A cell phone app that helps you locate material within the library by guiding you with GPS

Overall, 75% of respondents ages 16-29 say they would be interested in a GPS-driven cell phone app that helps patrons easily locate material within the library, significantly more than older adults; some 45% say they would be “very likely” to use this type of app. Younger respondents, specifically those under the age of 50, were more likely than older adults to express a strong interest in location-driven apps.

E-book readers already loaded with the book you want to read

Overall, 68% of respondents under age 30 say they would be likely to check out pre-loaded e-readers if their library offered them, significantly more than older adults; some 32% say they would be “very likely” to take advantage of this service.

Respondents ages 65 and older are the least likely to be interested in this service—just about four in ten say they would be likely to use pre-loaded e-readers, overall; meanwhile, previous research has shown that Americans ages 16-17 who don’t already borrow e-books are significantly more likely than older non-borrowers to be interested in this service, although the sample size was too small in this survey to report those numbers.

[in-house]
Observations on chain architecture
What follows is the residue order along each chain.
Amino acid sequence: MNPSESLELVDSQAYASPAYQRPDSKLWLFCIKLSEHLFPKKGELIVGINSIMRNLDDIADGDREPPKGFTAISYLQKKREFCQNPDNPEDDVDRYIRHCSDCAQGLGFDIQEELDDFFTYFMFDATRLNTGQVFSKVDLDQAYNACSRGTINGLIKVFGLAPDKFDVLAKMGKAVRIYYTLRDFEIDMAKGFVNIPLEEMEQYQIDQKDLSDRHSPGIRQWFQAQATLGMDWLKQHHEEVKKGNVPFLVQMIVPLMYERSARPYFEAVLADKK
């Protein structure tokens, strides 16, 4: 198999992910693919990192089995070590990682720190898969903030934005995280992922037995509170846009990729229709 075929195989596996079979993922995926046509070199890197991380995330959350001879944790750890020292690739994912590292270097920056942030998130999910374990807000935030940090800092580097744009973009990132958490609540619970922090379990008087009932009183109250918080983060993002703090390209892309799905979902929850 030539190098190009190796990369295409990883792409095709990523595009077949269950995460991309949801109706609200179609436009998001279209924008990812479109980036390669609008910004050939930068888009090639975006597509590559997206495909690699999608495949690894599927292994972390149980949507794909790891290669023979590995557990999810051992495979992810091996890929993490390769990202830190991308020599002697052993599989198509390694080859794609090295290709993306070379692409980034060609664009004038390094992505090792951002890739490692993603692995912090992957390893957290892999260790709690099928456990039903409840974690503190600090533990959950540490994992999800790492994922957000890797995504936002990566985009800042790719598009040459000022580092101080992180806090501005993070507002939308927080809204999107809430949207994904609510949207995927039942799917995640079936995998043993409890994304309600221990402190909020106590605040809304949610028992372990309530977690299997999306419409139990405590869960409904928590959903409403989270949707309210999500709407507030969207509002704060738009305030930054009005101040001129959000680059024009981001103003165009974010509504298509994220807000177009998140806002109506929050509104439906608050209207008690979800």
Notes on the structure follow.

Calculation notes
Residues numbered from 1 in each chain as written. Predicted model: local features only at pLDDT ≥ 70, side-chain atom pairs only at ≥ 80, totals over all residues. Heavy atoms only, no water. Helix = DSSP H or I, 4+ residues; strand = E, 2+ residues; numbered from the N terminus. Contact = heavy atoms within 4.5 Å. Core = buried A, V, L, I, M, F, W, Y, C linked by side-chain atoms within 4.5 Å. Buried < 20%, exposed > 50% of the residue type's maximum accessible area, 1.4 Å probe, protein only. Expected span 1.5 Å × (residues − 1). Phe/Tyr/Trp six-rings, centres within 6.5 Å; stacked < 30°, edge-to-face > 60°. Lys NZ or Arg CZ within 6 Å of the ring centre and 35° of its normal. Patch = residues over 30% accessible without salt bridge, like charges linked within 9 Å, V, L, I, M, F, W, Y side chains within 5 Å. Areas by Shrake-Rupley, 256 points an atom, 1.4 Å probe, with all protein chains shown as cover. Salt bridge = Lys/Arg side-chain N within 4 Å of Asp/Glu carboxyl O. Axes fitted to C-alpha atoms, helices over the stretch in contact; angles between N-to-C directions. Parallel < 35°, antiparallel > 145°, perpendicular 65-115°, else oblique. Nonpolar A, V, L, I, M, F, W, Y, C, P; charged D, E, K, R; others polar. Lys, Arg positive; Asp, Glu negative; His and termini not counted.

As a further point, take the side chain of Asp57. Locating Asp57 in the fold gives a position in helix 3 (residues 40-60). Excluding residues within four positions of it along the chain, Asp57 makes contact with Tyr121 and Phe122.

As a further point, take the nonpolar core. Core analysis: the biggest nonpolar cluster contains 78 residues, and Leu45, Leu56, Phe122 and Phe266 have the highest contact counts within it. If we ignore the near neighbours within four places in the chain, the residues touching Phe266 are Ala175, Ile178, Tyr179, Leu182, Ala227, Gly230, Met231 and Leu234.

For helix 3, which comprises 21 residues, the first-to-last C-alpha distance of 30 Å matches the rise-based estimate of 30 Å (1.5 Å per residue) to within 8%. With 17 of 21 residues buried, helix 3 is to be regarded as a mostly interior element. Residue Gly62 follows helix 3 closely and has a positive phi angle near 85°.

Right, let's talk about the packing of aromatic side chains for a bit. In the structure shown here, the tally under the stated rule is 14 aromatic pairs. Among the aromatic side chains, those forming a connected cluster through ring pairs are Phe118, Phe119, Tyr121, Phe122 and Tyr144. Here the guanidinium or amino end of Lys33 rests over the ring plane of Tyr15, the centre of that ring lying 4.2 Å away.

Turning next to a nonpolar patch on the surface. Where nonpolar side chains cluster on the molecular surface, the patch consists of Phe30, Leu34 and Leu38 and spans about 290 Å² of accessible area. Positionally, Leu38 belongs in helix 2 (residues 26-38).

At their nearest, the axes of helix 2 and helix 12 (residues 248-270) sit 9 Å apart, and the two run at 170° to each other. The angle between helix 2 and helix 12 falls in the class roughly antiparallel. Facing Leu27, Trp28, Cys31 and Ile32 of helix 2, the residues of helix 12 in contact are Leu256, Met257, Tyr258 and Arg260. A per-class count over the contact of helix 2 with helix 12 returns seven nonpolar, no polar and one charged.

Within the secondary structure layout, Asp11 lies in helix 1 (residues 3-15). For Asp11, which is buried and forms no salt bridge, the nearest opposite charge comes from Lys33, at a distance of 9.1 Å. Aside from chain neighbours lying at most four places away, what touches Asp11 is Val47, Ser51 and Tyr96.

A digital media lab where you could create and upload new digital content like movies or your own e-books

As was discussed earlier in the report, 67% of Americans ages 16-29 say they would be interested in a digital media lab where patrons could create and upload new digital content, significantly more than older adults; some 27% say they would be “very likely” to use such a resource.

Adults 65 and older were the least likely to say they would be likely to use such a lab—32% said they would be likely to use them overall, compared with over half of younger respondents, and just 15% said they would be “very likely” to use them.

Classes or instruction on how to use handheld reading devices like e-book readers and tablet computers

Almost half (47%) of respondents under the age of 30 say they would be interested in classes on how to use handheld reading devices like e-book readers and tablet computers, including 17% who say they would be “very likely” to take these classes. Adults ages 50-64 were significantly more likely than most other age groups to express a strong interest in this service, with 30% saying they would be “very likely” to take these classes.

Classes or instruction on how to download library e-books to handheld devices

Almost half (56%) of respondents under the age of 30 say they would be interested in classes on how to download library e-books to handheld devices, including 24% who say they would be “very likely” to take these classes. Adults ages 30-49 and 50-64 were particularly likely to express an interest in this service, with about one in three saying they would be “very likely” to take these classes.

  1. “Mobile Connections to Libraries” (2012): http://libraries.pewinternet.org/2012/12/31/mobile-connections-to-libraries/